Globetrotters are in luck
PICK a place where you’d like to live anywhere in the world. If you’re in the construction game, there’s likely to be a work opportunity there, or at least, not too far away. If you picked anywhere in Asia or the Arabian Gulf region, you’re particularly in luck. Booming development has left countries crying out for foreign construction workers, and employers are willing to put their money where their mouths are.
Penny Bingham- Hall, executive general manager, strategy for construction giant, Leighton Holdings, says their core overseas business involves infrastructure, building and contract mining.
And to break it down: ‘‘ In India, there’s oil and gas work. There’s a huge need for infrastructure. There are niche building activities there - we built Nokia’s first mobile phone factory there, and now the area is turning into a business park.
‘‘ In Indonesia, it’s in the resource sector, in mining and processes engineering. We’re also looking at some toll roads.
‘‘ In the Philippines there’s mining work, but we’re also looking at building opportunities.’’
In Malaysia, Leighton International has just finished building a big toll road. On the Western Pacific island of Guam it is building military facilities and infrastructure to support the relocation of US troops out of Japan. In Macau, the Las Vegas of Asia, it’s casinos.
The Leighton group is currently working on the $ 1.75 billion City of Dreams casino and hotel complex for the James Packer- backed Melco group.
‘‘ The building projects are amazing - very big jobs,’’ Ms Bingham- Hall says. ‘‘ They are also building entertainment complexes and theatres. There are thousands and thousands of people - now Macau has to spend more money on infrastructure to handle all the tourists.’’
In Dubai, Leighton Holdings recently bought a 45 per cent stake in one of the local contractors, Al Habtoor Engineering, the company which built the Burj Al Arab Hotel - the world’s tallest hotel.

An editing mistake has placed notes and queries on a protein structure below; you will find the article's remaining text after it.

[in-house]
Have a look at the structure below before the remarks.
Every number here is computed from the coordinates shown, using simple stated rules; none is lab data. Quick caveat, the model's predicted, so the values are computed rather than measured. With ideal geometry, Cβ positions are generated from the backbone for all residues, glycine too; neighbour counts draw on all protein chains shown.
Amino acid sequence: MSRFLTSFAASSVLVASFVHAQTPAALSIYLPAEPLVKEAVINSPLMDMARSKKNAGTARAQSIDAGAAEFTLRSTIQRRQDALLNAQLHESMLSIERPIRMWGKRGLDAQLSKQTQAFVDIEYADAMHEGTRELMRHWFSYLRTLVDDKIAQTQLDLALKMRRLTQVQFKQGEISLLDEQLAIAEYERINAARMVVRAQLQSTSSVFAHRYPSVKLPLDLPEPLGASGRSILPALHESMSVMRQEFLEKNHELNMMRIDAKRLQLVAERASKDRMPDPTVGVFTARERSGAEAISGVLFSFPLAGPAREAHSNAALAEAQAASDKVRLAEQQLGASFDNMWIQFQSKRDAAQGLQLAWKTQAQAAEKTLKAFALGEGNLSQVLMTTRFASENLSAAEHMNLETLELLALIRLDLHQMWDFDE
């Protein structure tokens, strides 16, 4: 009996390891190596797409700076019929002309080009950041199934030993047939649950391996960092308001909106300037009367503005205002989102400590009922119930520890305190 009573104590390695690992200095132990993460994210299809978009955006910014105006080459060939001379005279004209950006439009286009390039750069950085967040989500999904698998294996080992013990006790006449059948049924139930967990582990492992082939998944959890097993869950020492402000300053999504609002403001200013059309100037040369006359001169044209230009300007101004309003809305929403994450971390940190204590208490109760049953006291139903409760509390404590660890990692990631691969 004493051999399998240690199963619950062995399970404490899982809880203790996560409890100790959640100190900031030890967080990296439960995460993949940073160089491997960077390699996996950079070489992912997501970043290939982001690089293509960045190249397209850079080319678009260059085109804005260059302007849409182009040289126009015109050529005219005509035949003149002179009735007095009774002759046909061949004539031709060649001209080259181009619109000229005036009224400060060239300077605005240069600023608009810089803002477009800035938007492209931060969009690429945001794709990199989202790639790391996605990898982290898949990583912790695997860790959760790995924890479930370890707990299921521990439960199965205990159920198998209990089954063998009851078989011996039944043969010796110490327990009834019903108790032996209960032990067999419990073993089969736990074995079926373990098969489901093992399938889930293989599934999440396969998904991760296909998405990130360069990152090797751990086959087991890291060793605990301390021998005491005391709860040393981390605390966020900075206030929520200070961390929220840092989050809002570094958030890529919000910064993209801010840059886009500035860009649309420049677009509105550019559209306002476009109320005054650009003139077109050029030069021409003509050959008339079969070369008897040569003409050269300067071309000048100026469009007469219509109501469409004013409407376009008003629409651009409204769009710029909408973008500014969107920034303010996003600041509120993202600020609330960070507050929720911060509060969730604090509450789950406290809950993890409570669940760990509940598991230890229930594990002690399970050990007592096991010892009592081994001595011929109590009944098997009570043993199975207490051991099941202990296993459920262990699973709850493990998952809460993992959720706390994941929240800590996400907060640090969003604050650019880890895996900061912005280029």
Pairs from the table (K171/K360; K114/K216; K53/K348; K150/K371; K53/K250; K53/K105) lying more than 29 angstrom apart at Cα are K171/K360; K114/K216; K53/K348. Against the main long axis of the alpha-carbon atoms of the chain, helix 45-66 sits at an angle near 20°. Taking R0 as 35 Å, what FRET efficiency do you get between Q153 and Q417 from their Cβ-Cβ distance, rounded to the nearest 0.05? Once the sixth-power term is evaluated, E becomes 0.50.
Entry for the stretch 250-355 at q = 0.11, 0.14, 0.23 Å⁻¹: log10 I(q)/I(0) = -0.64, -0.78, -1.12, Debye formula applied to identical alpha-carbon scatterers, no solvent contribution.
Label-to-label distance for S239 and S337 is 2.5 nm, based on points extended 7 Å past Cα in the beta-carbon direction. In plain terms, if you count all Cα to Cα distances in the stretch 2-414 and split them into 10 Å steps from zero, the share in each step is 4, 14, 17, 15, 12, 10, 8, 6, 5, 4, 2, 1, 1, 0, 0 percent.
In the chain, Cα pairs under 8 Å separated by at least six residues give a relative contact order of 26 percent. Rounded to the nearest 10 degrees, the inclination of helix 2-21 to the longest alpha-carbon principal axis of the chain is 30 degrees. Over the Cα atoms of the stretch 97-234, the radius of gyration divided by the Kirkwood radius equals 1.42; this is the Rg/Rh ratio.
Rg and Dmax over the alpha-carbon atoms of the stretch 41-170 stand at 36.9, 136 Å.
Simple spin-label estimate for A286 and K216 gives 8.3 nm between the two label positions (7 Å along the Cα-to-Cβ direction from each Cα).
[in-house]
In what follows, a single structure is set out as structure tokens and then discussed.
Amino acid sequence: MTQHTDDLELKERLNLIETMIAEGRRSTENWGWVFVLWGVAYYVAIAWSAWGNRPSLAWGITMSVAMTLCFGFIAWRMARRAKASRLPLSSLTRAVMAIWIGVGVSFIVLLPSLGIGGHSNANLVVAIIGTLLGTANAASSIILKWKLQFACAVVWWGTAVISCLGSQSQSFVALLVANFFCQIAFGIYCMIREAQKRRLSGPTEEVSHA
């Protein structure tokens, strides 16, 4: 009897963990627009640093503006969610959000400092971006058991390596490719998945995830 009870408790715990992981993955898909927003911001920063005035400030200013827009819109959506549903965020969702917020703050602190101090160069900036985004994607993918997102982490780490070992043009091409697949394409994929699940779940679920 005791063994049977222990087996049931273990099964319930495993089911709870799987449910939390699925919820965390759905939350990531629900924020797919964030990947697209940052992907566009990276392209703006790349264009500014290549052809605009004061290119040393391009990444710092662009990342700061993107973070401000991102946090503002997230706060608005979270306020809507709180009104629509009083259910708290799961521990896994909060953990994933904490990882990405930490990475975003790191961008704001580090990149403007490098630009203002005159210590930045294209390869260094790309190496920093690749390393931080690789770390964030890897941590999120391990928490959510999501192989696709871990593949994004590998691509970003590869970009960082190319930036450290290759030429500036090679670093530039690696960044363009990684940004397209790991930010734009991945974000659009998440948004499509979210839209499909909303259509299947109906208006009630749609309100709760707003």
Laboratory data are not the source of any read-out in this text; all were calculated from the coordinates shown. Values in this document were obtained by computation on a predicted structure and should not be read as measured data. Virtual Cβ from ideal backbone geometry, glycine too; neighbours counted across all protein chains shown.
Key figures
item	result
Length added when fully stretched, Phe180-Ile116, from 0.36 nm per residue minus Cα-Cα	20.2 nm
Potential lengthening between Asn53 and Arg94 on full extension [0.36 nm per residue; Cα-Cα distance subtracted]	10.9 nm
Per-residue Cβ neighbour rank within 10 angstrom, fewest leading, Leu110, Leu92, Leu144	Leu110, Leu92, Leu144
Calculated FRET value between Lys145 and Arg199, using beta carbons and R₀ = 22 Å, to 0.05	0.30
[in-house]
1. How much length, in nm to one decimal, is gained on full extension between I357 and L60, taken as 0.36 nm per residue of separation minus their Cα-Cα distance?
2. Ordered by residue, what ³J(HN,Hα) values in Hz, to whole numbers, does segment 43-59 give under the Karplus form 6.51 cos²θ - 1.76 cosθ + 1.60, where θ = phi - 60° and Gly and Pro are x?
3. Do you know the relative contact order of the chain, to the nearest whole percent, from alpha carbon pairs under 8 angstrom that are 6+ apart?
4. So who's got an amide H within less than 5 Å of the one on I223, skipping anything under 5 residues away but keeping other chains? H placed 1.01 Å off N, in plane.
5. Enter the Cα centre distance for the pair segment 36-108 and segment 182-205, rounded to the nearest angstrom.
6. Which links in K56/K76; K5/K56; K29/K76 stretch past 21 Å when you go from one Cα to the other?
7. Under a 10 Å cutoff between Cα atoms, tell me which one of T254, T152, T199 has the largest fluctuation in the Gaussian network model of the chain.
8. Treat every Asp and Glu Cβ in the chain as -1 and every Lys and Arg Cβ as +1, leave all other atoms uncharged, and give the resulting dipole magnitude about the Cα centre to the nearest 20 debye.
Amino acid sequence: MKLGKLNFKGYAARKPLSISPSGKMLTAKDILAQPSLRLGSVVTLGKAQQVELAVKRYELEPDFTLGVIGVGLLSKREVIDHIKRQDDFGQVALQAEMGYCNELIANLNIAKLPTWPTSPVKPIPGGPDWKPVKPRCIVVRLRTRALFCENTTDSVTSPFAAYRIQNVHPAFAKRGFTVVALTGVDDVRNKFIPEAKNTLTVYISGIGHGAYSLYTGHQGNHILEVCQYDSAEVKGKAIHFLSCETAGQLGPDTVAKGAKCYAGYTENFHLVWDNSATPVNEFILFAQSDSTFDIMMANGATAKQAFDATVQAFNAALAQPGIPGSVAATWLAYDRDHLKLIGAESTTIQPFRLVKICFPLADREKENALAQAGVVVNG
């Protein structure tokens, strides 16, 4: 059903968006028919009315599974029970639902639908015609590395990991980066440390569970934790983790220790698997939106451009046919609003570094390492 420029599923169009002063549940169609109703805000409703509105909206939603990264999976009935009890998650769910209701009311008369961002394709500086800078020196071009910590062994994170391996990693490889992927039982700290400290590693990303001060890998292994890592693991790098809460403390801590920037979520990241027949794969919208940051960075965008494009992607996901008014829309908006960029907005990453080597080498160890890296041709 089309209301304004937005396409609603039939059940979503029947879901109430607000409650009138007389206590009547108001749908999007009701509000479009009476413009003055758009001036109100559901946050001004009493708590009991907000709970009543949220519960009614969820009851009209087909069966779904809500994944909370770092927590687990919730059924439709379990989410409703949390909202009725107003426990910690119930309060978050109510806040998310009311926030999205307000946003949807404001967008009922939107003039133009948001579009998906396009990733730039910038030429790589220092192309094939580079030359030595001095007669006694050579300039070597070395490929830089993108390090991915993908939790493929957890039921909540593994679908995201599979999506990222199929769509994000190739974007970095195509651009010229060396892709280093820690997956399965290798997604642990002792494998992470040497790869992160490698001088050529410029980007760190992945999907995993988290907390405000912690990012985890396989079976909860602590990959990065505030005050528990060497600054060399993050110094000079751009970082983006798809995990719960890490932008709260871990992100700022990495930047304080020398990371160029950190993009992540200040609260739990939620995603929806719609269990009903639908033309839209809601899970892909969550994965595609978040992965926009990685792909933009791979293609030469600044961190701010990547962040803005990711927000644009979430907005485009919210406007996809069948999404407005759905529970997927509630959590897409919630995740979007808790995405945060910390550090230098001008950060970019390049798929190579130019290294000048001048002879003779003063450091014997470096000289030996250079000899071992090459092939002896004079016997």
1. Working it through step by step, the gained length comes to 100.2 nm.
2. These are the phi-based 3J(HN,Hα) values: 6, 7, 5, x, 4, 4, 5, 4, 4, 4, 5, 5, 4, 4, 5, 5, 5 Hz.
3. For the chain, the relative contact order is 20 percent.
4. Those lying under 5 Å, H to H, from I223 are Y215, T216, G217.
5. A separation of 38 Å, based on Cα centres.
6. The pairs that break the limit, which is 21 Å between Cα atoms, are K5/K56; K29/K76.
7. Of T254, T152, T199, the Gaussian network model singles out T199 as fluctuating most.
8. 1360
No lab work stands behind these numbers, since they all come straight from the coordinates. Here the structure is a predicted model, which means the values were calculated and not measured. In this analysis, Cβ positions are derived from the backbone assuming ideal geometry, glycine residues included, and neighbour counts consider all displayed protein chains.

Projects in Dubai range from hospitals through to hotels, mixed- use esplanade- style developments, resorts and airports.
‘‘ There’s a very broad range of buildings and civil infrastructure, and they’re desperately looking for people,’’ Ms Bingham Hall says.
Similarly, in Abu Dhabi and Qatar there’s an enormous amount of investment on infrastructure, tourist facilities, accommodation and commercial buildings.
‘‘ There are a lot of Australians over there, not just people working for us, but people in all areas, lawyers, and those working on the financial side of things,’’ Ms Bingham- Hall says.
‘‘ There are also quite a lot of British, they’re all tempted over there by the exciting work and the pay.
‘‘ Resourcing construction projects has become a global issue, particularly in the last few years. It’s a very fluid environment. There are people in the Philippines attracted to go over and work in the Middle East, people in Australia going to Macau - there couldn’t be a better time to graduate.’’
Working abroad in the industry enables exposure to a broad range of projects, sometimes of a scale far exceeding those available Australia.
The perks are clear, but additional factors, such as culture, facilities and climate, need to be considered, according to Ms Bingham- Hall: ‘‘ In some places, like India, it can be quite slow to get some of these ( projects) moving.
‘‘ A coal mine in India is quite different to a coal mine in the Hunter Valley. It’s exciting because it’s starting out, but there are cultural and social challenges.
‘‘ When building relationships, it can take a long time to understand the local cultural environment and to build up trust when you’re working with different cultures.’’
Construction companies don’t always provide specific cultural training for expat workers - it’s usually something which gets picked up on the job. ‘‘ We have a core of people who have worked there for quite some time, so when new people come in they help with their induction,’’ Bingham- Hall says. ‘‘ When we’re looking for people to work in those areas, we’re finding the right people who are culturally aware and interested in the local cultures.
‘‘ Generally, Australians are fairly successful at adjusting. They have an egalitarian attitude to work and working together.’’
Some other factors which can pose a challenge include contracts not being written in English ( particularly in China), availability of clean drinking water, and traffic.
‘‘ In Bangkok there are legendary traffic issues,’’ Ms Bingham- Hall says. ‘‘ In Dubai as well the traffic is dreadful because the infrastructure doesn’t keep up with the building growth.’’
While some workers relocate to assist with a specific project and then return to Australia immediately, others stay for 10- 15 years, and there are others still who have found the conditions so appealing that they have been abroad for over 30 years, according to Ms Bingham- Hall: ‘‘ They are bringing back a different range of expertise - this experience gives them a competitive advantage.’’